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Atom Egoyan won't work for the Hollywood studios

The ”Felicia’s Journey” director tells EW Online about his new film and why he never made a thriller starring Susan Sarandon

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Atom Egoyan
Sophie Baker

Atom Egoyan is one of those filmmakers who either inspires utter adulation or a quizzical ”Who?” His recent films — 1994’s ”Exotica” and 1997’s ”The Sweet Hereafter” — have been lauded by critics (”Hereafter” was also nominated for Best Director and Best Adapted Screenplay Oscars), but his devotion to independent filmmaking means that his movies are seen by few average moviegoers. His latest, ”Felicia’s Journey,” the story of a young Irish woman who travels to England and is befriended by a prim caterer (Bob Hoskins) who is not as gentle as he seems, is now in some 40 theaters across the country and is earning the usual raves. EW Online spoke to the 39-year-old Canadian director about the film and about how Miramax tried to mess with his final cut of ”Hereafter.”

After the success of ”The Sweet Hereafter,” you probably had the clout to get a well-known actress to play Felicia. Why did you go with Elaine Cassidy, an unknown?
Because an unknown changes the dynamic. We can’t even guess what might happen to her. If it’s a well-known name, we kind of project that she can’t die because she’s the star. I like the fact that there’s no way, even at a subconscious level, that you could anticipate what the outcome might be.

Listening to this movie’s description makes it seem like a genre film, but it’s like your other films in that it’s more of a character study, and would probably disappoint anyone expecting to see blood, gore, and chases. Have you ever wanted to make an all-out thriller?
All the time. I read a script and say, ”Wow, this would be fun to do!” But that fun wears thin after a couple of weeks. You have to make the differentiation between the films you’d like to see and the film you actually want to spend a year of your life making. I can’t just do something on the spur of the moment, because I might regret that two weeks into pre-production, and then I’m in real trouble.

You’ve remained an independent filmmaker, even with the success of your movies. Have you ever been tempted to team up with a studio?
After ”Exotica” was on 40 screens in L.A., it seemed the right point to take a bite and make a studio film. I signed to do a thriller for Warner Bros. in 1995 called ”Dead Sleep,” and I had a very clear idea that I wanted to cast Susan Sarandon. The studio was very adamant against her and had a list of six other (younger) actresses they wanted, until she came out with ”Dead Man Walking” and the studio changed its mind. But it was too late. (Making a Hollywood thriller) was the last thing she had on her mind at that point. So I left the project and went to make ”Sweet Hereafter.” And I was really lucky because I went through the whole process without having to make a compromised movie. I could see it all beginning to unfold and realized I wasn’t really meant for that.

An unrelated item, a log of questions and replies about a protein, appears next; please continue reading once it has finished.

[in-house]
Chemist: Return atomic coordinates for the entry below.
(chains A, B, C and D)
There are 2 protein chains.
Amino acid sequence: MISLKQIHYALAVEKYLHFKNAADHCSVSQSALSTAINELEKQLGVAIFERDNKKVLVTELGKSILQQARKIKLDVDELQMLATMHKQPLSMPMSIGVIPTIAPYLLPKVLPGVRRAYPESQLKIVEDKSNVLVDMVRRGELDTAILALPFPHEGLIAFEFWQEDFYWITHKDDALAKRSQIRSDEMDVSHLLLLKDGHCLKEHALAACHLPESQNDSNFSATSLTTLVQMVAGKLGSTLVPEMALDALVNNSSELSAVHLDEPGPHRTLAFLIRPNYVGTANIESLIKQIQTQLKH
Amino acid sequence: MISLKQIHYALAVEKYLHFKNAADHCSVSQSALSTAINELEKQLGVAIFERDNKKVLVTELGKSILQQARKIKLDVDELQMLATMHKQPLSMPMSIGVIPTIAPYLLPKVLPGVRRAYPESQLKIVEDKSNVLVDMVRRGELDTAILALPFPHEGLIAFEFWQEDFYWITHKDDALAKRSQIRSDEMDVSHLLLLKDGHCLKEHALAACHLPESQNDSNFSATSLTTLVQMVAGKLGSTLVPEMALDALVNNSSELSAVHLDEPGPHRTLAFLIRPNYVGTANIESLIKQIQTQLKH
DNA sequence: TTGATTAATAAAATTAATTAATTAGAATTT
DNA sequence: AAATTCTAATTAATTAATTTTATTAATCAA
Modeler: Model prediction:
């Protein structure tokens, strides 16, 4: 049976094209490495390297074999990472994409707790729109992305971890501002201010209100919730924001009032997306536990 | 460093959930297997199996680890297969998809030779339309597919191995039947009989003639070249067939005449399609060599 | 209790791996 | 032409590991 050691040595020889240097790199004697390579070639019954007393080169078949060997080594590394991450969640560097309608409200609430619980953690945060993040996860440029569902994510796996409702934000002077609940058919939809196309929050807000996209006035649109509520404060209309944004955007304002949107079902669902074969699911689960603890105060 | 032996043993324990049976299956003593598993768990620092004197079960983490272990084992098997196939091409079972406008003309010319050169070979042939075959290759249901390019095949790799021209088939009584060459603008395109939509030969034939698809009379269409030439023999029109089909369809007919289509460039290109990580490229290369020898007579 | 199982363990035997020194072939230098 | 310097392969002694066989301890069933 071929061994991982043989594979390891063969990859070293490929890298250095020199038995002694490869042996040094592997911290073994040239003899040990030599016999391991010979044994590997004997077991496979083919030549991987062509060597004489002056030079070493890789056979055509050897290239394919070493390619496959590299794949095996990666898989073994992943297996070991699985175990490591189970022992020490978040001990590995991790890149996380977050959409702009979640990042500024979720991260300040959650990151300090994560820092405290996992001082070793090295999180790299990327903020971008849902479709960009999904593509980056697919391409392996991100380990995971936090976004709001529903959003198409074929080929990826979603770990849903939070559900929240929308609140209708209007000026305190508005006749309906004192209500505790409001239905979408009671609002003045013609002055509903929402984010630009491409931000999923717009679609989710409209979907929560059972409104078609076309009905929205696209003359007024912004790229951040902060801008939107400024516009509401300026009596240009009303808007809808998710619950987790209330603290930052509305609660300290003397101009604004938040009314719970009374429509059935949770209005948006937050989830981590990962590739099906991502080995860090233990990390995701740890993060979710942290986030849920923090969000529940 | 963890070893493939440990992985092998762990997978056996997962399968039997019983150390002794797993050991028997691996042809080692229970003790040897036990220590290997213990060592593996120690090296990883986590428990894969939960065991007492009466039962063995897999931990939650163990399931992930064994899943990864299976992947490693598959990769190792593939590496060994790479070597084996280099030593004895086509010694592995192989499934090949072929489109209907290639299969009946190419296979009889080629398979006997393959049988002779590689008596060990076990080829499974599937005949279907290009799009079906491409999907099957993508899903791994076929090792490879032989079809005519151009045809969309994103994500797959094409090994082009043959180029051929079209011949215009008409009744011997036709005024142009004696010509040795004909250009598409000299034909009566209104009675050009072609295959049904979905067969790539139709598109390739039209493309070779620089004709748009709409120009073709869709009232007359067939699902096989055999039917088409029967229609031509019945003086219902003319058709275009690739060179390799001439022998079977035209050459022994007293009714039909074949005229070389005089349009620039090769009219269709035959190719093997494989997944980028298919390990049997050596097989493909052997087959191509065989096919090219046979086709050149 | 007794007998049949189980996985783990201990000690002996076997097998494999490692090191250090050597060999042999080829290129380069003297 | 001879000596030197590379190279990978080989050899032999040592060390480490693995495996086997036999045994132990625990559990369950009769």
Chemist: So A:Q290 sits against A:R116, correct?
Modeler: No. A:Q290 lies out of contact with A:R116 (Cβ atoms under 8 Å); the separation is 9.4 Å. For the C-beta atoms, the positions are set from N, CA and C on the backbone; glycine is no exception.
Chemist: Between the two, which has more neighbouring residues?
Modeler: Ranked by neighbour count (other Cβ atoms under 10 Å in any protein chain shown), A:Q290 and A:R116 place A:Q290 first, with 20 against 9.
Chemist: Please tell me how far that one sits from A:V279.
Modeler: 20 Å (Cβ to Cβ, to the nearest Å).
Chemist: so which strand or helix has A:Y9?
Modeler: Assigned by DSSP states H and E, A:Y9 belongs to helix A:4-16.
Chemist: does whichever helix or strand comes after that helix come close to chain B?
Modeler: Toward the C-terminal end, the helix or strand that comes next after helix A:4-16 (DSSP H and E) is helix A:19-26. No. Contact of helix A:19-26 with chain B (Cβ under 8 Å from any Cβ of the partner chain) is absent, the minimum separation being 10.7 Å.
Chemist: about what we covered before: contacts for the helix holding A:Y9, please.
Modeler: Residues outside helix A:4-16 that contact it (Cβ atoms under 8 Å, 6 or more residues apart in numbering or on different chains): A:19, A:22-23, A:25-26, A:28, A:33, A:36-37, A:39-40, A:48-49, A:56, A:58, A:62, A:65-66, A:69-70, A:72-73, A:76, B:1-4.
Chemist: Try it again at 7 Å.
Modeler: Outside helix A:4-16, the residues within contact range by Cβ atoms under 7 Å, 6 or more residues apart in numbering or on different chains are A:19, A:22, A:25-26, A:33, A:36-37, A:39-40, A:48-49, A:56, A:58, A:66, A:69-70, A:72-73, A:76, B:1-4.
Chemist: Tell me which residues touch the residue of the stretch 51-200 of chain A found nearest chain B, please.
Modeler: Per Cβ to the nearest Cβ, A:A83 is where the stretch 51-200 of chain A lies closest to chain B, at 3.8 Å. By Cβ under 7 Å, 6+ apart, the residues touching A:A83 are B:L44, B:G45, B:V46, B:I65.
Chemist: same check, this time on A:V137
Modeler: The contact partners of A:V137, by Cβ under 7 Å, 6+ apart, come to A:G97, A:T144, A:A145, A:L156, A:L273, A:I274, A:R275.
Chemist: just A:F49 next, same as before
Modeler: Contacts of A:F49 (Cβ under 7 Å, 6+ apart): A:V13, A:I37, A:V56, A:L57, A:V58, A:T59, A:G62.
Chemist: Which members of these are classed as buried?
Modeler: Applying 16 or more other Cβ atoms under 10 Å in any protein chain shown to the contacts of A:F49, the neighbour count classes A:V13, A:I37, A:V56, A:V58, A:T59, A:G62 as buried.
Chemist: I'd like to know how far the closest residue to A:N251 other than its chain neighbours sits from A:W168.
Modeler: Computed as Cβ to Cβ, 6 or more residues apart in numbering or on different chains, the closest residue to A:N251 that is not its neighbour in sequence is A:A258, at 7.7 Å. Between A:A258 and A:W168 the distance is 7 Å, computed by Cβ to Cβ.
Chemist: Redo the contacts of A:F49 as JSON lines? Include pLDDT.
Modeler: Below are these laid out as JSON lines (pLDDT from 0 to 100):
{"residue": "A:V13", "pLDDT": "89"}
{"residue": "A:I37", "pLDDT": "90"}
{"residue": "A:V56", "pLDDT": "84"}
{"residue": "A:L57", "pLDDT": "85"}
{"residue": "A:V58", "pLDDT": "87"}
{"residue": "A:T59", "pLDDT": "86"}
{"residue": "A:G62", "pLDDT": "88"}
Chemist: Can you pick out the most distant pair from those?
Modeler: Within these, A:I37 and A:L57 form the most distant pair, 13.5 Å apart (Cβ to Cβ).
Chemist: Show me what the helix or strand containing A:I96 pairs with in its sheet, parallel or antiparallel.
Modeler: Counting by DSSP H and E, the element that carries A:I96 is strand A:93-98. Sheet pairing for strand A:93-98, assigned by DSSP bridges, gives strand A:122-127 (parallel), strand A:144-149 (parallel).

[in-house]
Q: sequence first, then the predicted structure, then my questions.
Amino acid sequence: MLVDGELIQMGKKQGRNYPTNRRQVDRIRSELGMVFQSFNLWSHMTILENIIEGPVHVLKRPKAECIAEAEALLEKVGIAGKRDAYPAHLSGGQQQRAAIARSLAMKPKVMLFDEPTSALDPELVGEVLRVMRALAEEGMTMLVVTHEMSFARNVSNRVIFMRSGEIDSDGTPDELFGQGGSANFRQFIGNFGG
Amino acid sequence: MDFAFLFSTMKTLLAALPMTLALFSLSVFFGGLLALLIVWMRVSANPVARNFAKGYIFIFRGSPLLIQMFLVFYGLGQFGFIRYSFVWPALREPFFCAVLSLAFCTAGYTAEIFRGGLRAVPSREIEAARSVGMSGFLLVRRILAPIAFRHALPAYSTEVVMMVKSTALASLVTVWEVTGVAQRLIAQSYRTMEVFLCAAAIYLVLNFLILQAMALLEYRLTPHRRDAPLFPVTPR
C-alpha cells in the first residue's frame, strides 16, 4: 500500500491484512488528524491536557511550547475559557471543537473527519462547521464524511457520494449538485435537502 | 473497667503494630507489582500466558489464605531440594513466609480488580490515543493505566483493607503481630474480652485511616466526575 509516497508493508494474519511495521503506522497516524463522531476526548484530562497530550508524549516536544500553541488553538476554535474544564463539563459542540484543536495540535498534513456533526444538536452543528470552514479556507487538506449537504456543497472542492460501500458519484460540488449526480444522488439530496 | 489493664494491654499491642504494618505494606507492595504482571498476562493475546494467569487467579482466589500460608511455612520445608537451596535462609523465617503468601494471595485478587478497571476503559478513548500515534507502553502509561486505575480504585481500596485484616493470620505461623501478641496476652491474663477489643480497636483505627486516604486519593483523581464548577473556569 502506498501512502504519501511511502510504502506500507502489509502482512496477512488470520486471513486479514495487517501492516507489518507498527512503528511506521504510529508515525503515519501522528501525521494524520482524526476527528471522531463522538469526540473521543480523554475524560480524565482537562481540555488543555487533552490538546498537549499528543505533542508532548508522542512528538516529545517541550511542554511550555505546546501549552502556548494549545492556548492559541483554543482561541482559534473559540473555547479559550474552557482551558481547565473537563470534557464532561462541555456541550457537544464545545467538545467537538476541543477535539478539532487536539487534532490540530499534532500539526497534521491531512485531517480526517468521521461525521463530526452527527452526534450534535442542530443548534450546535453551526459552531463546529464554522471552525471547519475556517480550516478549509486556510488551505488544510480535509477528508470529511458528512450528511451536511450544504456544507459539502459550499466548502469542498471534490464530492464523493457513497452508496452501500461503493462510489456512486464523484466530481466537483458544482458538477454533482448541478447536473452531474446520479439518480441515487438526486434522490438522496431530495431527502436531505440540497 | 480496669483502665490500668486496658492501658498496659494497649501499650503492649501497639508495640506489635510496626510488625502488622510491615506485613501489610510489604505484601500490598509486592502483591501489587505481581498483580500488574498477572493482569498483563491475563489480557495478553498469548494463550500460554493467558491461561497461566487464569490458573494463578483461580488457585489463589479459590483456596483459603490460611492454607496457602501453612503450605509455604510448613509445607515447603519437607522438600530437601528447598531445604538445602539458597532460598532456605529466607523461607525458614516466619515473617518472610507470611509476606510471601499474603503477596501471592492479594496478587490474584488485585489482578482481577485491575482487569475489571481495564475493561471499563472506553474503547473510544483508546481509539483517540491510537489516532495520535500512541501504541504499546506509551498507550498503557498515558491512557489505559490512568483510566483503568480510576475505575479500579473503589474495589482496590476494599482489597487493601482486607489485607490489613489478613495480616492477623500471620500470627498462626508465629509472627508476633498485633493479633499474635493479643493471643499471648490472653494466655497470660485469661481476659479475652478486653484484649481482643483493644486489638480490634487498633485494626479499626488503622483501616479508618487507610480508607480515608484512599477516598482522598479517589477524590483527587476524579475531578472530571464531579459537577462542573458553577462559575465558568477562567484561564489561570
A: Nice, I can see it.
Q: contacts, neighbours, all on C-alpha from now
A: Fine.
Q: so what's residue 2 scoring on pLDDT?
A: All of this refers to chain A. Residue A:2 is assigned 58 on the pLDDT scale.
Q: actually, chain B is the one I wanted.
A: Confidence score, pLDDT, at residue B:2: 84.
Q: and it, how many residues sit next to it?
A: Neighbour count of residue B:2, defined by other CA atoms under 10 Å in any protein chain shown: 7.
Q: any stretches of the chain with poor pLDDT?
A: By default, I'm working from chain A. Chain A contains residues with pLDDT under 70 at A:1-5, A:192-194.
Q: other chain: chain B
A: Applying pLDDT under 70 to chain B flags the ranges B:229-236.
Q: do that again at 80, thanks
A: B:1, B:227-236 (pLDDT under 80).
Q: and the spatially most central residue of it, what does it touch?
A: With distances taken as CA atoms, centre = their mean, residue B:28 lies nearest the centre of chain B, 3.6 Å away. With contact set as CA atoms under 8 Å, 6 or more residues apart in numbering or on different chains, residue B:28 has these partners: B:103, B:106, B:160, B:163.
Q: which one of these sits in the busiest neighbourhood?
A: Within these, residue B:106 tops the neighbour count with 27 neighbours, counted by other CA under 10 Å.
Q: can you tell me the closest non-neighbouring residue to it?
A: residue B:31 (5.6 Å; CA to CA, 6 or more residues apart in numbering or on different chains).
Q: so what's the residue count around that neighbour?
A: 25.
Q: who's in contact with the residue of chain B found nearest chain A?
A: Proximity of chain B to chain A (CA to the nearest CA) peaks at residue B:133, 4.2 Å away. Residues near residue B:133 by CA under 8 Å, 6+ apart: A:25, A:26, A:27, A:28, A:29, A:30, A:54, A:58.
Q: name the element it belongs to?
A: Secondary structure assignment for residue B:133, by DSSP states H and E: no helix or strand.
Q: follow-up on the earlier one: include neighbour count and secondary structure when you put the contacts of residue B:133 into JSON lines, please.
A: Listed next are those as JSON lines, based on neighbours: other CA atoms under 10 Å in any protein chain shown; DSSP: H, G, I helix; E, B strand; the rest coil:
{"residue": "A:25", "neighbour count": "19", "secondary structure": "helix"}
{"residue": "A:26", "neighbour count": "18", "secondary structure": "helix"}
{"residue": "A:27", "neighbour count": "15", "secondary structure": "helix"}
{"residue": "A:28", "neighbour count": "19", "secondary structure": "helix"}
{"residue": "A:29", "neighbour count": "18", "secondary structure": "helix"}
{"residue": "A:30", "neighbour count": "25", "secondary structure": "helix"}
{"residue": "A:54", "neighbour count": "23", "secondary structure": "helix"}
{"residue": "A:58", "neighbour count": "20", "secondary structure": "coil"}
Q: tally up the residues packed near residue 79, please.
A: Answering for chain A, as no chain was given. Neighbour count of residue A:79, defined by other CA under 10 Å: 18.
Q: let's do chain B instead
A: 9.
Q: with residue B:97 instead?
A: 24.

Do you think you’ll ever go back?
There is that budgetary threshold in Hollywood where if you haven’t had a huge commercial success, you don’t have the clout to ask for final cut. The bottom line is I need that. The idea of letting final cut go would be detrimental to my type of filmmaking, which is not linear. The approach my films take is such that you don’t really get it until all the pieces are put together and the music’s in, and only at that point is the film presentable. Up until then it’s way too vulnerable to withstand the studio process.

Have you ever had anyone try to meddle with your film?
After the American distributor for ”Exotica” (Miramax) had a marketing screening, they came back to me with this idea that the last scene in the film (which reveals the telling pasts of the damaged characters) should be at the beginning, and that there should be a voice-over explaining it. I just went, ”No, the point of that film is that we find out those things at the end. That’s what makes it interesting.” I had the ability to say No because the film had been delivered. But we’re living in a time when there’s way too many digital Avid editing machines whirring away in executive suites, with everybody trying to get their two cents worth and come up with another version of a scene. The thing I miss about (old-style) film editing is that there would only be one copy of a print floating around. Now anybody can access an Avid output, try something else, and send it to you on a VHS and say, ”Well, we think this works.”